CoCo Launches Weekly “Hackathons” in Mpls.
There's a new weekly opportunity for local creatives, entrepreneurs, and the tech-savvy to collaborate and learn from one another-and it's called a “hackathon.”
Coco-a co-working firm that offers alternative office space to freelance professionals, small businesses, and corporate work groups-will host the events at its recently opened location in the Minneapolis Grain Exchange building downtown.
Garrio Harrison, president of Twin Cities-based social media consultancy Doublethink and resident manager of CoCo's St. Paul location, will help oversee the hackathon program, which will take place on Wednesday nights from 7 p.m. to midnight, beginning on August 3.
CoCo opened its St. Paul location in January 2010 and has hosted about 25 hackathons on that side of the river, according to Harrison. The program has attracted tech-savvy locals including independent developers, coders, and engineers-many of whom spend hours outside of work sharpening their skills, developing new ideas to launch a start-up, or are looking to glean ideas from fellow participants.
But Harrison told Twin Cities Business on Tuesday that he hopes the Minneapolis launch will expand the program significantly.
“We want it open to the broader creative thinkers,” Harrison said, pointing out that everyone from graphic designers to programmers to consultants can benefit from each other's ideas. “Direction and inspiration can come from anywhere.”
Harrison says hackathons give participants an “opportunity to steer the kind of rapid iteration we typically do [in the technology sector] toward some social good without making it a charity.”
The inaugural Minneapolis hackathon on August 3 will be a soft launch, although everyone is invited to attend, Harrison said. Participants in the initial meetings will help shape a more formal structure, which is expected to focus on social issues, or “themes.”
Participants will eventually be able to opt in to teams comprising individuals from various skill levels and disciplines, who will meet each week for a month to attempt to develop a solution-typically technology-based-to that month's theme. At the end of each month, teams will discuss the challenges they faced in executing the project.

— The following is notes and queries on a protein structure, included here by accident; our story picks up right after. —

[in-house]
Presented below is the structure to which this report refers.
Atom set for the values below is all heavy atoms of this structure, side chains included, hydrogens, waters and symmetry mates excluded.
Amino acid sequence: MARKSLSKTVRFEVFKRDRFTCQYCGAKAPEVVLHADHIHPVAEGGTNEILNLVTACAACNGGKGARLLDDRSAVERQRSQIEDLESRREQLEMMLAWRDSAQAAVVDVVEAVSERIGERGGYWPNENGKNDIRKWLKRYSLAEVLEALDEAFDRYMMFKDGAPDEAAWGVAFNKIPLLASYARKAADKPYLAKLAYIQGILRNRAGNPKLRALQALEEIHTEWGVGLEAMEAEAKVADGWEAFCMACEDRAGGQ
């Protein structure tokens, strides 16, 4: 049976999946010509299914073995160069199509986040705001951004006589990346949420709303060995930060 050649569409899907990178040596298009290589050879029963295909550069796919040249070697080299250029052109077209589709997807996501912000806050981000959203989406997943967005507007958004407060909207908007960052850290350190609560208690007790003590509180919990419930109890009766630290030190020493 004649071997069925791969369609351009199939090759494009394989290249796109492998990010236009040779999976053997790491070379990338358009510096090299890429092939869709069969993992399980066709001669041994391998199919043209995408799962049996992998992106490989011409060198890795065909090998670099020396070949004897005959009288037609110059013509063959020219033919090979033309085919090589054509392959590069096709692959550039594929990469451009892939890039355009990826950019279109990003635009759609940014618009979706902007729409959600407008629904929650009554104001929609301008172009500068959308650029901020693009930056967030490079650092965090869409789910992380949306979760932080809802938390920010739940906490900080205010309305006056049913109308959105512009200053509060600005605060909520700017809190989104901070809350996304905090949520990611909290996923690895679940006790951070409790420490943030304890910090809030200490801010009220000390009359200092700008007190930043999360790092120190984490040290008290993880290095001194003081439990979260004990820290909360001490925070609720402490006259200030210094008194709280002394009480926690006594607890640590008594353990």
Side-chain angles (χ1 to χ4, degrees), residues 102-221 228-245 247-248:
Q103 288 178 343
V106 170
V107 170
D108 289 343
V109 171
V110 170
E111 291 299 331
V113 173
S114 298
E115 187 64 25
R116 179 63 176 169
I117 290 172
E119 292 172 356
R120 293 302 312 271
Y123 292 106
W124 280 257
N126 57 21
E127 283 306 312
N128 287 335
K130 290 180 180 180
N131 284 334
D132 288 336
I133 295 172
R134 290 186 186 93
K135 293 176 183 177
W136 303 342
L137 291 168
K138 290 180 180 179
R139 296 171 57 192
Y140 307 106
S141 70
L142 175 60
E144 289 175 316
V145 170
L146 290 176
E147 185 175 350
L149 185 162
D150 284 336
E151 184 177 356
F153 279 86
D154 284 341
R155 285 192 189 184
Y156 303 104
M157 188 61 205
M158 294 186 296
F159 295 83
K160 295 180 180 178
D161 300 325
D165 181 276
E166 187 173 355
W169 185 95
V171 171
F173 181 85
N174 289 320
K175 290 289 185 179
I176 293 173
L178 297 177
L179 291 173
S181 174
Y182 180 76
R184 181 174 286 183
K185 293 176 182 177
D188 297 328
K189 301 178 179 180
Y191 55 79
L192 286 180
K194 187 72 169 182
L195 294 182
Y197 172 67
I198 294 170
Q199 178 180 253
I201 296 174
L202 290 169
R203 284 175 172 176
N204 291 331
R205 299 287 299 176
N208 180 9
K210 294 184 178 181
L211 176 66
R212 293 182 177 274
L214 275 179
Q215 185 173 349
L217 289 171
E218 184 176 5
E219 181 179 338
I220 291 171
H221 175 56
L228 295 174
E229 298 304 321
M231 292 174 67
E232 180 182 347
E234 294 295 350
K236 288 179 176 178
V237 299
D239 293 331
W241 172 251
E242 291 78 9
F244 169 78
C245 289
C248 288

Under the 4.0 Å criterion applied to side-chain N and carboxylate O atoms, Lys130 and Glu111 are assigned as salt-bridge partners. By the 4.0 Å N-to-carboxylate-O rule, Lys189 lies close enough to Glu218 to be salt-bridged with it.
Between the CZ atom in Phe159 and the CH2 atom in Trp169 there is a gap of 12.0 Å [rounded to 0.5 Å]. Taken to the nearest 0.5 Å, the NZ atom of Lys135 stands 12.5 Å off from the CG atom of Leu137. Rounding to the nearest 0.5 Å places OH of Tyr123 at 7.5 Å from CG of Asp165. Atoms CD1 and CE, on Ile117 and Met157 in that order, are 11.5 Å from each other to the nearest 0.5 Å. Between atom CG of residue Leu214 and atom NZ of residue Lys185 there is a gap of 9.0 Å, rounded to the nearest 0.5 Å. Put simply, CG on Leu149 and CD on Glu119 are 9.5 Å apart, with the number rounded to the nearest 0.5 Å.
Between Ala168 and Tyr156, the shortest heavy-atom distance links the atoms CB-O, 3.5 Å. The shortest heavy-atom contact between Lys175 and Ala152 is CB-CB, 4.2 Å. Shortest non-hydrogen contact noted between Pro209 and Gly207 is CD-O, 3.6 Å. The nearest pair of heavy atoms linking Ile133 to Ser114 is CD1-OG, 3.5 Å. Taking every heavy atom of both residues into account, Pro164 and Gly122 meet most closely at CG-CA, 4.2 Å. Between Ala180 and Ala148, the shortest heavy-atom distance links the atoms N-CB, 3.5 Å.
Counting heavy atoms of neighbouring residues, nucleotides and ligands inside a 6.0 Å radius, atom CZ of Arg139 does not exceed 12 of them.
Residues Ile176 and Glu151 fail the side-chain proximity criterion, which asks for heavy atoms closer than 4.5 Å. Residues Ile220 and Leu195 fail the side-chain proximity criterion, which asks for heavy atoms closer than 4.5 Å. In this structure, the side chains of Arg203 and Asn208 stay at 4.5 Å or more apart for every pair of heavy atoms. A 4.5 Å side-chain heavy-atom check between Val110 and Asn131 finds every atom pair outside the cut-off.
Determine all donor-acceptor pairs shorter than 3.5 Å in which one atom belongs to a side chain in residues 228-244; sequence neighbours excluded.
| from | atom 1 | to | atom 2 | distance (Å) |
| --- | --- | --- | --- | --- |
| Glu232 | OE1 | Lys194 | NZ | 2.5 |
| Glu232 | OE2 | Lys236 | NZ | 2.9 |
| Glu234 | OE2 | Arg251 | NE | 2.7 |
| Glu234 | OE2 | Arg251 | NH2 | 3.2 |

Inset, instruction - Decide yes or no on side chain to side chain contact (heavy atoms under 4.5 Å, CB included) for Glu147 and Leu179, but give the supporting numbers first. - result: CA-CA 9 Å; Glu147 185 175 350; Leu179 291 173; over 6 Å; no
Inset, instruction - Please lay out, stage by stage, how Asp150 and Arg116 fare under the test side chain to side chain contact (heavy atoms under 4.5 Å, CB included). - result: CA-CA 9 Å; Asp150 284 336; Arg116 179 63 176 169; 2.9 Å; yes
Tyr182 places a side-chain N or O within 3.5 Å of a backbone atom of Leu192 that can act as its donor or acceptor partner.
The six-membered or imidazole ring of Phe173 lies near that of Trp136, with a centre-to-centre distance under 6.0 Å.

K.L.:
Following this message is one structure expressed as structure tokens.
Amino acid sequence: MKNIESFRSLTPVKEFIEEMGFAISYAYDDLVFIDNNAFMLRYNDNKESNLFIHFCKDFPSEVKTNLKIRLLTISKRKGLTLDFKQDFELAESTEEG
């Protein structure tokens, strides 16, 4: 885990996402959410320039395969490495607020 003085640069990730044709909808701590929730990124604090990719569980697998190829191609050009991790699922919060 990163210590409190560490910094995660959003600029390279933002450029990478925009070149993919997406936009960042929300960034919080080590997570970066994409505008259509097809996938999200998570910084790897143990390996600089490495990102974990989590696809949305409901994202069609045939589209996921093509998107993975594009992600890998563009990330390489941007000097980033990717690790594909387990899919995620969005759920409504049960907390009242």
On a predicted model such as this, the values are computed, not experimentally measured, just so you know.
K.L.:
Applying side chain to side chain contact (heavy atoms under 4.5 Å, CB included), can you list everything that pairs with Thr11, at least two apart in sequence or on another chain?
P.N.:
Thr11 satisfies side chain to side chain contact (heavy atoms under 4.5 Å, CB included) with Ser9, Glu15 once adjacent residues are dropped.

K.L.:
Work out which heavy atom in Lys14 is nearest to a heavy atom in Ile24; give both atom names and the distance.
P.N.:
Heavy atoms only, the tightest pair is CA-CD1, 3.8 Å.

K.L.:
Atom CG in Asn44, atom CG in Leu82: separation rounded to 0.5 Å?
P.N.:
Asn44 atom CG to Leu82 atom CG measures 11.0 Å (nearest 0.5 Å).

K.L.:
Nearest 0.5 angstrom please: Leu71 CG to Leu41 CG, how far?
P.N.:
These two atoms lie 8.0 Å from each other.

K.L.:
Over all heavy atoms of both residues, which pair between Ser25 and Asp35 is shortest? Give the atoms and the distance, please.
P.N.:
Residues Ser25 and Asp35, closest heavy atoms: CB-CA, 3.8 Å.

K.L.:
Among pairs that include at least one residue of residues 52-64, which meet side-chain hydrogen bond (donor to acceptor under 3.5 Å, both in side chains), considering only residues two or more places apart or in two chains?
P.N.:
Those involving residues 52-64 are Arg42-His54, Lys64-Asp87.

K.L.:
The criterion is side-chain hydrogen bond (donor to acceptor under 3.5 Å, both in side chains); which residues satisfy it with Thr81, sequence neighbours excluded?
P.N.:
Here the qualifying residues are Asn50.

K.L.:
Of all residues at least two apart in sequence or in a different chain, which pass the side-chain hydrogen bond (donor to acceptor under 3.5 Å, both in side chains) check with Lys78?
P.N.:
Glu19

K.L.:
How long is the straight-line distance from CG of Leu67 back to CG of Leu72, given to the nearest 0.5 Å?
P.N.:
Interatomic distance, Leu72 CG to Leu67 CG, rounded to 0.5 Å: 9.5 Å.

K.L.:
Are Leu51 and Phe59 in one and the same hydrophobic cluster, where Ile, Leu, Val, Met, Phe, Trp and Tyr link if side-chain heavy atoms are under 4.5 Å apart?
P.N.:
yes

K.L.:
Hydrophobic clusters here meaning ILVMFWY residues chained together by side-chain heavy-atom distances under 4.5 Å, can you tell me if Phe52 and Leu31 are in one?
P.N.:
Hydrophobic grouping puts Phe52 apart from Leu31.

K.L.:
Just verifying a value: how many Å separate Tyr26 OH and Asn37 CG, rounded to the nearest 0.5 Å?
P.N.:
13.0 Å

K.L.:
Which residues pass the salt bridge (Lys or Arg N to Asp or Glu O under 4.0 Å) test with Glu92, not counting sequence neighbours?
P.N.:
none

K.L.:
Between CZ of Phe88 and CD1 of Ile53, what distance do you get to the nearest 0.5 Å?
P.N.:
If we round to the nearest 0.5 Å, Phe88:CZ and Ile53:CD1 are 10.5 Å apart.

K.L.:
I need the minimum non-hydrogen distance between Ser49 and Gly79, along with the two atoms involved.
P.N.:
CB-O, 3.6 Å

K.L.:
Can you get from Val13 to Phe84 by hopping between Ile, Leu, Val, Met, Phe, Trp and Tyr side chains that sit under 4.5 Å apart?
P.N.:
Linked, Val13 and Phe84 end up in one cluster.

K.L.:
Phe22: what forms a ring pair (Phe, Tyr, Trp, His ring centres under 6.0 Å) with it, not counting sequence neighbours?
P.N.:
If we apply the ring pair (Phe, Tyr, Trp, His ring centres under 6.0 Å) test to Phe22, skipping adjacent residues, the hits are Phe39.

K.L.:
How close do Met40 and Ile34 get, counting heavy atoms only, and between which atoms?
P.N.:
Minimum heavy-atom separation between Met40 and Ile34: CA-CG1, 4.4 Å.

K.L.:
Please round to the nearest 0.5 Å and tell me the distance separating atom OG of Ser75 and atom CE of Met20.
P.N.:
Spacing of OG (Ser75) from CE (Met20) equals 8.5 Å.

“We can see this becoming a massive environment of creativity and lessons learned,” Harrison said.
The folks behind the hackathon-who hail from CoCo, Doublethink, and tech news outlet TechDotMN-have not defined specific social issues to address but plan to establish an advisory board of individuals from the nonprofit sector to help determine the themes. For example, the group could identify challenges within the education sector and attempt to develop solutions to those problems, Harrison said.The goal is to bring people together and spark an idea that could be seen all the way through to fruition-for example, by developing a new computer program or digital application.
Hackathons can benefit everyone from marketers to graphic designers, Harrison said, especially as the digital sphere finds its way into more and more aspects of business. They allow local business people to see various opportunities in the digital space and collaborate with those who are immersed in new technology.
No one's making money off of the hackathon program, and any start-ups spurred from collaboration in the program will be entirely independent of CoCo or the program itself. “It's not for financial gain,” Harrison said. “It's just channeling the things we already do.”
Minneapolis-based design, merchandising, and marketing agency Knock will develop branding and design efforts for the hackathons. In addition to the hackathon program and general co-working services, CoCo's new Minneapolis location will serve as home to tech accelerator Project Skyway, where it will host twice-yearly classes of software entrepreneurs.